A Look Back…Has Anything Changed?

Kevin Kelly

Kevin KellyMoving some documents around, I went back and re-read some old columns. Let’s review some of the things I said back then and see how those thoughts apply today.

From May 3, 2010 – “Wrestling With Meatloaf” – I make the comparison with wrestling and a diner, as each should provide comfort food to be successful. Both are formulaic but historically, each performs well, regardless of societal or economic changes. In this column, I also offered this.

“Every wrestling show or “menu” should offer the following…

1. Young, athletic wrestlers who look like they could win every real fight they would be in. Would you pay money for a crummy looking meal? Presentation means something.

2. Issues between those wrestlers that are easy for the fans to understand. The menu has to be easy to read for diners to order and want to come back.

3. Smart, emotionally-driven promos to entice the audience. Before the main course, the stage is set! Promos are pure “comfort food”.

4. A goal… what is the reason for this match to be in the ring? Settle the issue! Like hunger, I better leave fulfilled or I probably won’t be back.

5. Clearly defined roles—Good guys, Bad guys. Opening match content, main event content. In diner terms, this is the first course, this is the second course, and this is the entrée. As much as the salad wants to be steak, a salad should never do what the steak does. He’ll screw it up and make the steak mean less when he comes out for the main event.

6. A reason to come back. If diners weren’t consistently good, the genre would have gone the way of plastic combs in back pockets.

Now, along the way some diners and wrestling promotions have gone out of business because ultimately, those who failed were unable to satisfy the needs of a very easy-to-please core audience.

It’s the old saying… give them what they want and they’ll keep coming back for more.”

My last paragraph… “What wrestling lessons can be learned from this “Diner” analogy”? Keep it simple, serve hot with good portions and proper seasoning. Change the specials but always offer the classics. Don’t have too many cooks in the kitchen and pull the plug on the man in charge if things are getting stale.”

Nothing has changed in the 4+ years since I wrote this… I also wrote that WWE continues to stay true to their format, TNA continues to flail away and some ROH matches still give the audience too much and while TV coverage is better, it’s still not available to everyone on TV every week.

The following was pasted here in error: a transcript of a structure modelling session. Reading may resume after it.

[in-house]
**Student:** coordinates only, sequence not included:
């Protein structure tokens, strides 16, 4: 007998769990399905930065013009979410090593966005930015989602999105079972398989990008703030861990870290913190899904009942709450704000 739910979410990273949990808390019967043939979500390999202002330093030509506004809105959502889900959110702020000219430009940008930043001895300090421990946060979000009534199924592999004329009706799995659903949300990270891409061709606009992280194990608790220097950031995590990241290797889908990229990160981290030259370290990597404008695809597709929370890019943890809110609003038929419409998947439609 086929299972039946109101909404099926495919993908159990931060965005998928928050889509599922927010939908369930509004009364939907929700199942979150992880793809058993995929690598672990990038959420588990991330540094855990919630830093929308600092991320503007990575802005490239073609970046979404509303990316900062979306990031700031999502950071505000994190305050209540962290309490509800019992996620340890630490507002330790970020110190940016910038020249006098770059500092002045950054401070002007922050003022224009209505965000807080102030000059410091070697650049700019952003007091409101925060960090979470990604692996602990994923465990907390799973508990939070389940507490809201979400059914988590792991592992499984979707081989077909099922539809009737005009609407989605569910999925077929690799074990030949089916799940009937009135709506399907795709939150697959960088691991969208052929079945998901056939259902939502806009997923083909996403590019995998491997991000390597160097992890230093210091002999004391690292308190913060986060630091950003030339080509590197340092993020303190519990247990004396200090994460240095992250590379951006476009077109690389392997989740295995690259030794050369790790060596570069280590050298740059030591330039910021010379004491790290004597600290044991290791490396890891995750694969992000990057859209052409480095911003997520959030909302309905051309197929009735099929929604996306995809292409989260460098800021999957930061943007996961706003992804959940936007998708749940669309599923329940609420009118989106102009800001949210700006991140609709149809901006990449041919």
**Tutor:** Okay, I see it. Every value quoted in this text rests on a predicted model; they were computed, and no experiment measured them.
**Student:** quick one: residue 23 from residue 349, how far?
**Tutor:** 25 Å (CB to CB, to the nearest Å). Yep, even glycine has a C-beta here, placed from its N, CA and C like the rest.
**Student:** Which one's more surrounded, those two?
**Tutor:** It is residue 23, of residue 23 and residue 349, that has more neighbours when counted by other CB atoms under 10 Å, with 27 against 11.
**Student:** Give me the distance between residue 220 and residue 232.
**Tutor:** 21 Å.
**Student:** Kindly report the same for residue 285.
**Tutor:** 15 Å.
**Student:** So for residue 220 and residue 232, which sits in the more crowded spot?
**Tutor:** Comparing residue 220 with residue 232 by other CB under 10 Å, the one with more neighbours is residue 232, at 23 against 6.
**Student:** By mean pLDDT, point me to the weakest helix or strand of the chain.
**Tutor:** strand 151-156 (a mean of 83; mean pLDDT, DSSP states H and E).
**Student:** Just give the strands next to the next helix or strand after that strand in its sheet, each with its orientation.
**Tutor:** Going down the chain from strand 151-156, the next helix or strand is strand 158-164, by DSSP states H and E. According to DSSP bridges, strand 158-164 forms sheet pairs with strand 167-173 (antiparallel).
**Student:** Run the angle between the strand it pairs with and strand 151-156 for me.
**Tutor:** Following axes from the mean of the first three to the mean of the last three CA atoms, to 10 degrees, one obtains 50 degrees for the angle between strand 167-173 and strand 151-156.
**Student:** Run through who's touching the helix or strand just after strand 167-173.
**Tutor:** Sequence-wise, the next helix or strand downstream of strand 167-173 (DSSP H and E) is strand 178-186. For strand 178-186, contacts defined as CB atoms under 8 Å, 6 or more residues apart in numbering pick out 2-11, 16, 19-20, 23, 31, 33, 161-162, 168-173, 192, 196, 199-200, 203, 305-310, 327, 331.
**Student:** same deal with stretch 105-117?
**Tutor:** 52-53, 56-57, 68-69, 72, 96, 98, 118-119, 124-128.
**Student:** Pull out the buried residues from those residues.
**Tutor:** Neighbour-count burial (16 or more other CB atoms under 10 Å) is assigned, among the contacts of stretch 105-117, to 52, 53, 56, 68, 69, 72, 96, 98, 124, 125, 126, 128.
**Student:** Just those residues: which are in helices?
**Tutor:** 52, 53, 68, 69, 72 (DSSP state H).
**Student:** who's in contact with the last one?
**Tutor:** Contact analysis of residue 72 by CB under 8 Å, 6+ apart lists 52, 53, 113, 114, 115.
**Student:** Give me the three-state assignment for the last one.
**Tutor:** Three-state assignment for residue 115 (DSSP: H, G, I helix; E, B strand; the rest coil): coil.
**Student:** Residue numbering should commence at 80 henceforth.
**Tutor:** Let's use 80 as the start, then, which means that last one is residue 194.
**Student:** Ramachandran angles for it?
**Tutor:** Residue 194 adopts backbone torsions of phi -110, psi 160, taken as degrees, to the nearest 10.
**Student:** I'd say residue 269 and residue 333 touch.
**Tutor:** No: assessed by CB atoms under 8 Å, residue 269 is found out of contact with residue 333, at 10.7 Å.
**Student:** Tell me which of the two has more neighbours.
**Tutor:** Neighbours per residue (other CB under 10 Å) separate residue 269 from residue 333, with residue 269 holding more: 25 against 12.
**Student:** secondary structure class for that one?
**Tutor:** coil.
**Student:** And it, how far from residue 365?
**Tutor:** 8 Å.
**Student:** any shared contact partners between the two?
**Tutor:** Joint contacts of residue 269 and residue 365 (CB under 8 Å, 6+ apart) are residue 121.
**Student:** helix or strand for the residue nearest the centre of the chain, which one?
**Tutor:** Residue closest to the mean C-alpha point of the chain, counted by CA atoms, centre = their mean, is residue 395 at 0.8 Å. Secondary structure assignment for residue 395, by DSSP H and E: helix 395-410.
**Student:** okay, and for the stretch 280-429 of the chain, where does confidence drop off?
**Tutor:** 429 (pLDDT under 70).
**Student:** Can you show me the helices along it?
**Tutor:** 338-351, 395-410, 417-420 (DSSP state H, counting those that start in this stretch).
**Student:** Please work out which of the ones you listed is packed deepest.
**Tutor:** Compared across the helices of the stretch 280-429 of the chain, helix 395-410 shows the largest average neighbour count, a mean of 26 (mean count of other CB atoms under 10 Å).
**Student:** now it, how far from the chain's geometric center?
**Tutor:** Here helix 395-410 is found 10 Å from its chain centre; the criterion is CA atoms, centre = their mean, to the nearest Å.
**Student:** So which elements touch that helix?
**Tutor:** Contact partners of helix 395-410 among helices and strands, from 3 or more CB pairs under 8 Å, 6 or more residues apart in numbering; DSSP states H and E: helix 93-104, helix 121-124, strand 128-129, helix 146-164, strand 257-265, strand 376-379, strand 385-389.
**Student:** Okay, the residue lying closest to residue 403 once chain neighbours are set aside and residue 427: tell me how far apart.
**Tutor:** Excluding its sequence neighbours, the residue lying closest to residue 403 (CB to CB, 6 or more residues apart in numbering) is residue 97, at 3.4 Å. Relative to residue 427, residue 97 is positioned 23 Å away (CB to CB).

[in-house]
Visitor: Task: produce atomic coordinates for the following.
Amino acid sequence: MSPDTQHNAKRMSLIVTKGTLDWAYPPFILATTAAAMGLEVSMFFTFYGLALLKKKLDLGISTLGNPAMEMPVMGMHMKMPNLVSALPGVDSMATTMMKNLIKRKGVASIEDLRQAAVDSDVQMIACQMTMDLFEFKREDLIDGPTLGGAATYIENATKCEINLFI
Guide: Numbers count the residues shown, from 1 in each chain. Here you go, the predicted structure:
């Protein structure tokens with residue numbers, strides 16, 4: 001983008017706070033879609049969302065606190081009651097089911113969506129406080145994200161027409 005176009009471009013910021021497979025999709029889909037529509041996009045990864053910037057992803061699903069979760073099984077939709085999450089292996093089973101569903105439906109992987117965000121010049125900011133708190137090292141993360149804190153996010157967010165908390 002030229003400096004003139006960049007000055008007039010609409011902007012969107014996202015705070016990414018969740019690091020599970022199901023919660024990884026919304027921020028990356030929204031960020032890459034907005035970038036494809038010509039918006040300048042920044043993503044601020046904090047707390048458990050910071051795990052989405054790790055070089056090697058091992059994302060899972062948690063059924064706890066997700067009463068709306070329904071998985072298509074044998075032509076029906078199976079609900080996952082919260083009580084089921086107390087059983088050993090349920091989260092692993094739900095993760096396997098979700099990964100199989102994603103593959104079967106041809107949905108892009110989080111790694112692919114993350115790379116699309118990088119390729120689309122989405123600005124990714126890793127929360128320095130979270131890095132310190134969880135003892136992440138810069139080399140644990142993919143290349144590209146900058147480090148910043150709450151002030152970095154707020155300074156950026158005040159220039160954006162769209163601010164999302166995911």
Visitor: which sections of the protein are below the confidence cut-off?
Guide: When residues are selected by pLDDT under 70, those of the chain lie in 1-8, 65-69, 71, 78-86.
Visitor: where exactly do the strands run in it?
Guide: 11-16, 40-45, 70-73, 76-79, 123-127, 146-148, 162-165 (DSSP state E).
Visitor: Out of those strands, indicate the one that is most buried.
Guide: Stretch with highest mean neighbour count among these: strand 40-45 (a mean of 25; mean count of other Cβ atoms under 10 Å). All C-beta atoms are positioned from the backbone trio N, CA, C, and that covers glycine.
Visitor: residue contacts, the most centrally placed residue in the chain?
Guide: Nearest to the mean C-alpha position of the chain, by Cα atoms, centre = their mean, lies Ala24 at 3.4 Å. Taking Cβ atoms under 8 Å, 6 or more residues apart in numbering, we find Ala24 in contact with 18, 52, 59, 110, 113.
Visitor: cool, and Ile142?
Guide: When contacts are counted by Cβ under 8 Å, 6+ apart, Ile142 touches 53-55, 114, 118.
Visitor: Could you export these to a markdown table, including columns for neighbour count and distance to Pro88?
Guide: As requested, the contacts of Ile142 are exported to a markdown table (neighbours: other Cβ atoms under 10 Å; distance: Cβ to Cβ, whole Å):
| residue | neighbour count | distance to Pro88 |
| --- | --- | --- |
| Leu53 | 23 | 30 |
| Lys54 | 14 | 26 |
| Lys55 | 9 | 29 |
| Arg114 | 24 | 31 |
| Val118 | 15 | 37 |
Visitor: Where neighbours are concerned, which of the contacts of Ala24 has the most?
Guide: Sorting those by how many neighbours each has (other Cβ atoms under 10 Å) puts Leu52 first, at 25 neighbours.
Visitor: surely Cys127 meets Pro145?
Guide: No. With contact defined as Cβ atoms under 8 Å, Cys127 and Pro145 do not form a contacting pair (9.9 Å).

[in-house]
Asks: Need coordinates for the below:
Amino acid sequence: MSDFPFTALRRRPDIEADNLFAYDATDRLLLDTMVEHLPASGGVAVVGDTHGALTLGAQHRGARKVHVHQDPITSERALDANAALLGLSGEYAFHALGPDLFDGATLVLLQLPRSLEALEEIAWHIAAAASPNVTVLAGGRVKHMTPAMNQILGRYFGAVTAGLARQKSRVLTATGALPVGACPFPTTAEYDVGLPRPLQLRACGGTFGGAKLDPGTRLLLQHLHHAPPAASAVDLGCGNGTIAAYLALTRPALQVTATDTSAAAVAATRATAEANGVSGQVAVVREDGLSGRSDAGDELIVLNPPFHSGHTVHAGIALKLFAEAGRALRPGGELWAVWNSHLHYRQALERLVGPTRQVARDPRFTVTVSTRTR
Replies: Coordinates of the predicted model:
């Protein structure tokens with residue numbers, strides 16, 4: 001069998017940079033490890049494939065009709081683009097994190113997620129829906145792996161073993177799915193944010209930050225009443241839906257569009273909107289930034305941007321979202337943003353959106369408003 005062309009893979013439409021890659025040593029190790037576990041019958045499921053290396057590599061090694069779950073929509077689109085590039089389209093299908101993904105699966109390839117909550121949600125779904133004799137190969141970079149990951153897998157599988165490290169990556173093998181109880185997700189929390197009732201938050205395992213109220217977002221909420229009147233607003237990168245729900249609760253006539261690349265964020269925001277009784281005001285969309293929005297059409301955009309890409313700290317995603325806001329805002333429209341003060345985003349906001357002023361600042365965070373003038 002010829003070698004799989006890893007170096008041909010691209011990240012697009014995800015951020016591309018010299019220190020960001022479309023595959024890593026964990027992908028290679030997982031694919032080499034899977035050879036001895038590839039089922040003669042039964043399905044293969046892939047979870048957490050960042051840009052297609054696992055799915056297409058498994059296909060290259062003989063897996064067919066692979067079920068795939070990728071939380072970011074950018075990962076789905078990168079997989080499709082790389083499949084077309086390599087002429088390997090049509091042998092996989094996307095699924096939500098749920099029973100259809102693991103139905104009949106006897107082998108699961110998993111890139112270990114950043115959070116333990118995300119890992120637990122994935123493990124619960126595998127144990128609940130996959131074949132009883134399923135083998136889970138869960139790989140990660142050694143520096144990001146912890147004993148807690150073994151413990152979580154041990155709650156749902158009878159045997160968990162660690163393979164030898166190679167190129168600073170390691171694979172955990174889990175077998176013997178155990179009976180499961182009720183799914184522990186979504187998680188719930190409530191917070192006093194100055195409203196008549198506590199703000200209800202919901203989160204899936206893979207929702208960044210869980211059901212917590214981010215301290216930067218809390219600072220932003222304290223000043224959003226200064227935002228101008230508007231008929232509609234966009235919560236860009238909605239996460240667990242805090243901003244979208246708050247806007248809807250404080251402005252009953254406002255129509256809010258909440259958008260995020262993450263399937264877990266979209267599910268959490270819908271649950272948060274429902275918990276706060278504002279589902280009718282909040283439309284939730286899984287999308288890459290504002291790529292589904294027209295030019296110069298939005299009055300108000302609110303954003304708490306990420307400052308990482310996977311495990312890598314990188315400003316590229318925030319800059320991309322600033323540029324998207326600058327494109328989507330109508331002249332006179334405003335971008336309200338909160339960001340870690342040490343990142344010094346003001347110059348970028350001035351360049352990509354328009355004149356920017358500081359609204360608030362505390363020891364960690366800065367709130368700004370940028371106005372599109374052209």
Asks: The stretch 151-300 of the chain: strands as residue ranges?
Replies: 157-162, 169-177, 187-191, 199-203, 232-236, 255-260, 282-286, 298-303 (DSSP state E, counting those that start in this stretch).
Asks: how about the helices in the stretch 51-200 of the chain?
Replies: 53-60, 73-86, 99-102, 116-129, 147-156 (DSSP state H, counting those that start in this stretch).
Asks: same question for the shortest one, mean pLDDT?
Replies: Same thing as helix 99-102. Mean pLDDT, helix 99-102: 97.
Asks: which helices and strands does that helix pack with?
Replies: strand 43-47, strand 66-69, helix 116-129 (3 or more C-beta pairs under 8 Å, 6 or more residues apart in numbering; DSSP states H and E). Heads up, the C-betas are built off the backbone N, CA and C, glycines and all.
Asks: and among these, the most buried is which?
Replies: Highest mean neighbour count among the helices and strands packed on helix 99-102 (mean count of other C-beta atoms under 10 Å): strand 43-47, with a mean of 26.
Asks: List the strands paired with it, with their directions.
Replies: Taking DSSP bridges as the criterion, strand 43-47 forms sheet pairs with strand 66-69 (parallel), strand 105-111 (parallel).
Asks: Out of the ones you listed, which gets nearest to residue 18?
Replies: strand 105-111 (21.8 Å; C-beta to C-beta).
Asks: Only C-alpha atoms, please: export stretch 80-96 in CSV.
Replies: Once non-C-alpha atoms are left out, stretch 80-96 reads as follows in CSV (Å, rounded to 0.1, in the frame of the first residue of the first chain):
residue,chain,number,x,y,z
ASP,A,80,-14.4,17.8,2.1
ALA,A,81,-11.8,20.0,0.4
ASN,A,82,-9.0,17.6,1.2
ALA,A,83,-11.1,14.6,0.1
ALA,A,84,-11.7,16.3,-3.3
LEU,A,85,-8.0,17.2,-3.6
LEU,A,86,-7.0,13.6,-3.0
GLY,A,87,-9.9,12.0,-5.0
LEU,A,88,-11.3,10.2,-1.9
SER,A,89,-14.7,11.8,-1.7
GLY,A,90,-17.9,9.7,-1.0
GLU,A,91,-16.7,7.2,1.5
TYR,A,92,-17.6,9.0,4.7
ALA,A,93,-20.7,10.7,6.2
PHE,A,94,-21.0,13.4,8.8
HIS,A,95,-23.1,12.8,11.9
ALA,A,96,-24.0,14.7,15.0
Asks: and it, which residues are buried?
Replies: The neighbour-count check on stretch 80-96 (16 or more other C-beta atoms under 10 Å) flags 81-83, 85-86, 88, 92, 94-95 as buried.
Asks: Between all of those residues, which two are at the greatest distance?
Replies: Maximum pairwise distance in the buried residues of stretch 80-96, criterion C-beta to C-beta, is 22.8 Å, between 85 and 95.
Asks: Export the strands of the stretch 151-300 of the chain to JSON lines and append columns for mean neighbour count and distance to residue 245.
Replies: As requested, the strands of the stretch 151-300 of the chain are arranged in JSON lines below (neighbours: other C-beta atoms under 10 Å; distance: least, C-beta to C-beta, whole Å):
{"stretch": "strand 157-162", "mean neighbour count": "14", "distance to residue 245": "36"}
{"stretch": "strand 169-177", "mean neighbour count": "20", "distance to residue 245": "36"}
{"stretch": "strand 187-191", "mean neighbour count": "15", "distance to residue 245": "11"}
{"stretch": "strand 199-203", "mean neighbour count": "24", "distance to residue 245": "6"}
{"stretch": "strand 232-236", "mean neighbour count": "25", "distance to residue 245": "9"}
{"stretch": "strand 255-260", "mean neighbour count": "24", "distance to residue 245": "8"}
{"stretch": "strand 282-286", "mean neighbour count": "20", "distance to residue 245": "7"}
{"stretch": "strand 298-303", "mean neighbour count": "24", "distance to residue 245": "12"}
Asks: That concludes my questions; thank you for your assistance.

One year later, on May 6th, 2011, I wrote about my love of professional wrestling.

“I love professional wrestling and I hate sports-entertainment. 

Professional wrestling features wrestlers who compete in matches that surround the chase of titles. From there, all of the adversarial relationships related to the title chases create money-drawing matches that fans want to see. Depth through simplicity. Complex emotions boiled down to simple, digestible components. 

Sports entertainment features wrestlers who compete in largely insignificant matches, where the majority of titles have no significance either. Long, in-ring promos, scripted drama and shallow, one-dimensional characters complete the dim picture. But, the music, pyro and atmosphere are audience-pleasing. It’s a two-hour, wildly paced, rock and roll show. But to me, it’s fast food. 

I would love to see CM Punk compete for the ROH World Championship again someday. I’d love to see Robert Roode have the same chance. There are many great wrestlers today who work in sports-entertainment and do very well in it but I would like to see professional wrestlers have a bigger stage on which to compete. 

I love professional wrestling and I always will.”

Nothing has changed about my love of Professional Wrestling. I watch as much Jim Crockett Promotions as I can on YouTube until they take it all away for the WWE Network. Then, I’ll buy the Network. 

Everything I have written about the industry and how it works is still 100% true today. Opinions I have given? Sure, not all have come true. Here on WrestleZone, you may not agree with me or with Mark Madden for our opinions but we both know what is going on in this industry and our logic and reasoning for what works and doesn’t work in Professional Wrestling is 100% correct.

Some of you might say “how can I agree with Mark when he knocks ROH?” Mark’s critiques of the ROH product are mostly accurate, in my opinion. Jim Ross says the same things as Mark and no one kills JR for his opinions but each wants the same thing, for ROH to be successful because it’s the closest thing to Professional Wrestling we have today. 

There are those who speculate that the patient is on life support and we are merely caring for the body. I believe that what is old can be new again, as long as it’s presented in the right way. Professional Wrestling is comfort food and while tastes may change slightly, comfort food never goes out of style.

Thoughts? @RealKevinKelly

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